US Consider Removing Tactical Nukes From Europe

Nato Headquarters, Brussels -- The scene of US/NATO talks held today over the potential removing of TNMs is Europe

Today the influential Asahi Shimbun – a Japanese Newspaper- has said that the United States is in talks with NATO to remove U.S. tactical nuclear weapons from Europe in a push toward a nuclear-weapons-free world and to cut costs.

Washington is talking with other NATO member nations about the withdrawal of all shorter-range, tactical nuclear weapons that have been deployed in Europe since the Cold War era, the influential Asahi Shimbun said.

In-depth discussions will take place in coming months, and the talks should conclude by the time Chicago hosts a NATO summit next May, the liberal daily said, citing a senior U.S. official tasked with nuclear disarmament policies.

The talks are being held as part of NATO’s Defense and Deterrence Posture Review, said the report filed from the paper’s Washington bureau.

The move came as U.S. President Barack Obama wants to negotiate with Russia about reducing tactical nuclear weapons and nuclear stockpiles, following the ratification this year of the US-Russia New START disarmament treaty, it said.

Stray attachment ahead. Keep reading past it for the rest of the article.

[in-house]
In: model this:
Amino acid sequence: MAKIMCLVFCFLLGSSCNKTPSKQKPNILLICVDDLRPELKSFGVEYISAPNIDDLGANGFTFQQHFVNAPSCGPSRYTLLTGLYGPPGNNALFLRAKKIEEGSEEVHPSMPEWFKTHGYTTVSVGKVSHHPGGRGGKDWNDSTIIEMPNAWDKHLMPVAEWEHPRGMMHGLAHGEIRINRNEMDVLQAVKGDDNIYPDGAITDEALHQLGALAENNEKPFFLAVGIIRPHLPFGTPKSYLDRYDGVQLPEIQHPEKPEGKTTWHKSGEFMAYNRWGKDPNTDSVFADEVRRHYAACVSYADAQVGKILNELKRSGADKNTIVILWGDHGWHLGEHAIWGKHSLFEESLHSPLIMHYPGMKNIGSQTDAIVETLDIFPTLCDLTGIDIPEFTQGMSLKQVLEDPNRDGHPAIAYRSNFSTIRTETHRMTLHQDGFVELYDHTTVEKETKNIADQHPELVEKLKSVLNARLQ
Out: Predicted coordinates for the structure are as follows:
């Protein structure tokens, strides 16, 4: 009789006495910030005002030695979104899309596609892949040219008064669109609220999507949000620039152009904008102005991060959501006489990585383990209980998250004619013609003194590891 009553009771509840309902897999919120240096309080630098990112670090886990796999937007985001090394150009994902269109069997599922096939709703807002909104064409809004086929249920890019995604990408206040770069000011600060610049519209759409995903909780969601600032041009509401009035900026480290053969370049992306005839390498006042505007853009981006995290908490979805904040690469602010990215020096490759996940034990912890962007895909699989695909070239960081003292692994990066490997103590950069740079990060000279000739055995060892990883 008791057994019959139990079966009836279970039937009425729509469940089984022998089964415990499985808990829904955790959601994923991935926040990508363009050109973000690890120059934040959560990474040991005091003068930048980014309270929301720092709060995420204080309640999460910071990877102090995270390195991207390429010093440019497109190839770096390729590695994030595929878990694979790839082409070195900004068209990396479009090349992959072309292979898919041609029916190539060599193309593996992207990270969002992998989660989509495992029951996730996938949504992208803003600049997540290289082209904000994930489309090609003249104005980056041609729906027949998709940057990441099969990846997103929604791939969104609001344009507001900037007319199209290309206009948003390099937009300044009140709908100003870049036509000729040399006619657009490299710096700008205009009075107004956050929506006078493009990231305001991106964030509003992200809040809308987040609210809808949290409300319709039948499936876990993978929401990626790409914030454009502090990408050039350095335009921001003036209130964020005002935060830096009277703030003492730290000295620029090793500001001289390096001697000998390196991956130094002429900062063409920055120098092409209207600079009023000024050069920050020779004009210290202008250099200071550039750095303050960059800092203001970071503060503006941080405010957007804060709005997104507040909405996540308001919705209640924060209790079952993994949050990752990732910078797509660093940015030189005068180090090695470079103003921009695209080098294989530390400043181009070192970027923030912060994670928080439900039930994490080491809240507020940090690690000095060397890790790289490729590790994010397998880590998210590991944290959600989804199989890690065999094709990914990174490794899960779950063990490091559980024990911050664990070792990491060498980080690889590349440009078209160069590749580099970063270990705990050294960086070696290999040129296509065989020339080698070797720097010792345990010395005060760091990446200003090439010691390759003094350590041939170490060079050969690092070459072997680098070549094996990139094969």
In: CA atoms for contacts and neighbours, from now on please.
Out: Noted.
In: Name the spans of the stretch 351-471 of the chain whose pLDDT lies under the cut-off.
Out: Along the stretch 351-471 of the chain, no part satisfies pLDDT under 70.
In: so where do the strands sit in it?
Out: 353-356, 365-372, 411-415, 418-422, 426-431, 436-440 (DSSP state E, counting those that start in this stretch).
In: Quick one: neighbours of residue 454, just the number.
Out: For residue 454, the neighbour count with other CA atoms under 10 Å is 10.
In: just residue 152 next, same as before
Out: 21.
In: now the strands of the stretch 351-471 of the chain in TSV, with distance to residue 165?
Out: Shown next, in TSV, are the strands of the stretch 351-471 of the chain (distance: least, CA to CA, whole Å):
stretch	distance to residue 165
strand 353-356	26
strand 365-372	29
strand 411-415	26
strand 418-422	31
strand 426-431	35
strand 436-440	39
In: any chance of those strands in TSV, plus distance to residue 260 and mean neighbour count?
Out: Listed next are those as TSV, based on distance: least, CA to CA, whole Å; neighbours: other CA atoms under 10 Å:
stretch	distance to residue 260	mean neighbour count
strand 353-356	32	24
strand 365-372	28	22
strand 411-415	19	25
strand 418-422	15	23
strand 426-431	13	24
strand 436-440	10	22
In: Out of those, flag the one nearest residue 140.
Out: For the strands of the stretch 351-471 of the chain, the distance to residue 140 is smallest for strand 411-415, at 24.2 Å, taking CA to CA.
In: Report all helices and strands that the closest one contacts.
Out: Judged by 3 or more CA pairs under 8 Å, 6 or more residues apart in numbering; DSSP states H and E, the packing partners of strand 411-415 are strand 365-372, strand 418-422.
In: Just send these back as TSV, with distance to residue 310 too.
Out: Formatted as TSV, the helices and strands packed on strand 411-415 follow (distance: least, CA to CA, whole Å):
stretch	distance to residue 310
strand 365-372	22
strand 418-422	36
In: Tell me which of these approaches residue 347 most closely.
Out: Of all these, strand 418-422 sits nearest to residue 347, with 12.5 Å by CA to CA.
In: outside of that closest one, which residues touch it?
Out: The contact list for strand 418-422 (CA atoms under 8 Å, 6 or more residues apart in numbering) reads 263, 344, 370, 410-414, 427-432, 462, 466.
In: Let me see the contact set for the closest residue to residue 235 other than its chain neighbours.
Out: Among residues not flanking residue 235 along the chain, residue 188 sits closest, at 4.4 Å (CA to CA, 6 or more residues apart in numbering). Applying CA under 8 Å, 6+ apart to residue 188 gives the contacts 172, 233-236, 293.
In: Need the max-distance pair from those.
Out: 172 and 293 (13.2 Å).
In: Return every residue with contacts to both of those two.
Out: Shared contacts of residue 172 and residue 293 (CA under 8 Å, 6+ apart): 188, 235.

A complete abolition coupled with President Obama’s decision to ditch the European element of the new Missile Defence System which was proposed back in 2009,  it could give impetus to U.S.-Russia nuclear disarmament talks.

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Royal Navy Provide The Platform to Use Apaches in Libya

HMS Ocean with Three Apaches

In what originally started out as an exercise, the Army Air Corp’s AH-64s have been sped through re-qualification to provide further air-power to the region and further help rebels in the area of Misurata in their fight against Libyan government forces.

Only three Apaches are deployed on HMS Ocean, but the government has apparently authorized at least one more to be dispatched there with two more on standby, as reported by the Daily Telegraph.

The move is an obvious stopgap to project some carrier launched air power where the recently decommissioned Ark Royal would have been providing fighter support. It is also seen as a big escalation for the British after weeks in which sustained attacks on Libyan government positions and Col. Gadddafi’s leadership compounds failed to generate any major breakthrough.

Speculation is that these birds are part of the Anglo-French force of attack helicopters that could be set to strike targets belonging to Gadhafi’s government in Libya. Apaches mark a new phase in Libya that could provide much more flexible Close Air Support, coming on the heels of some of the heaviest NATO air strikes yet against Gadhafi.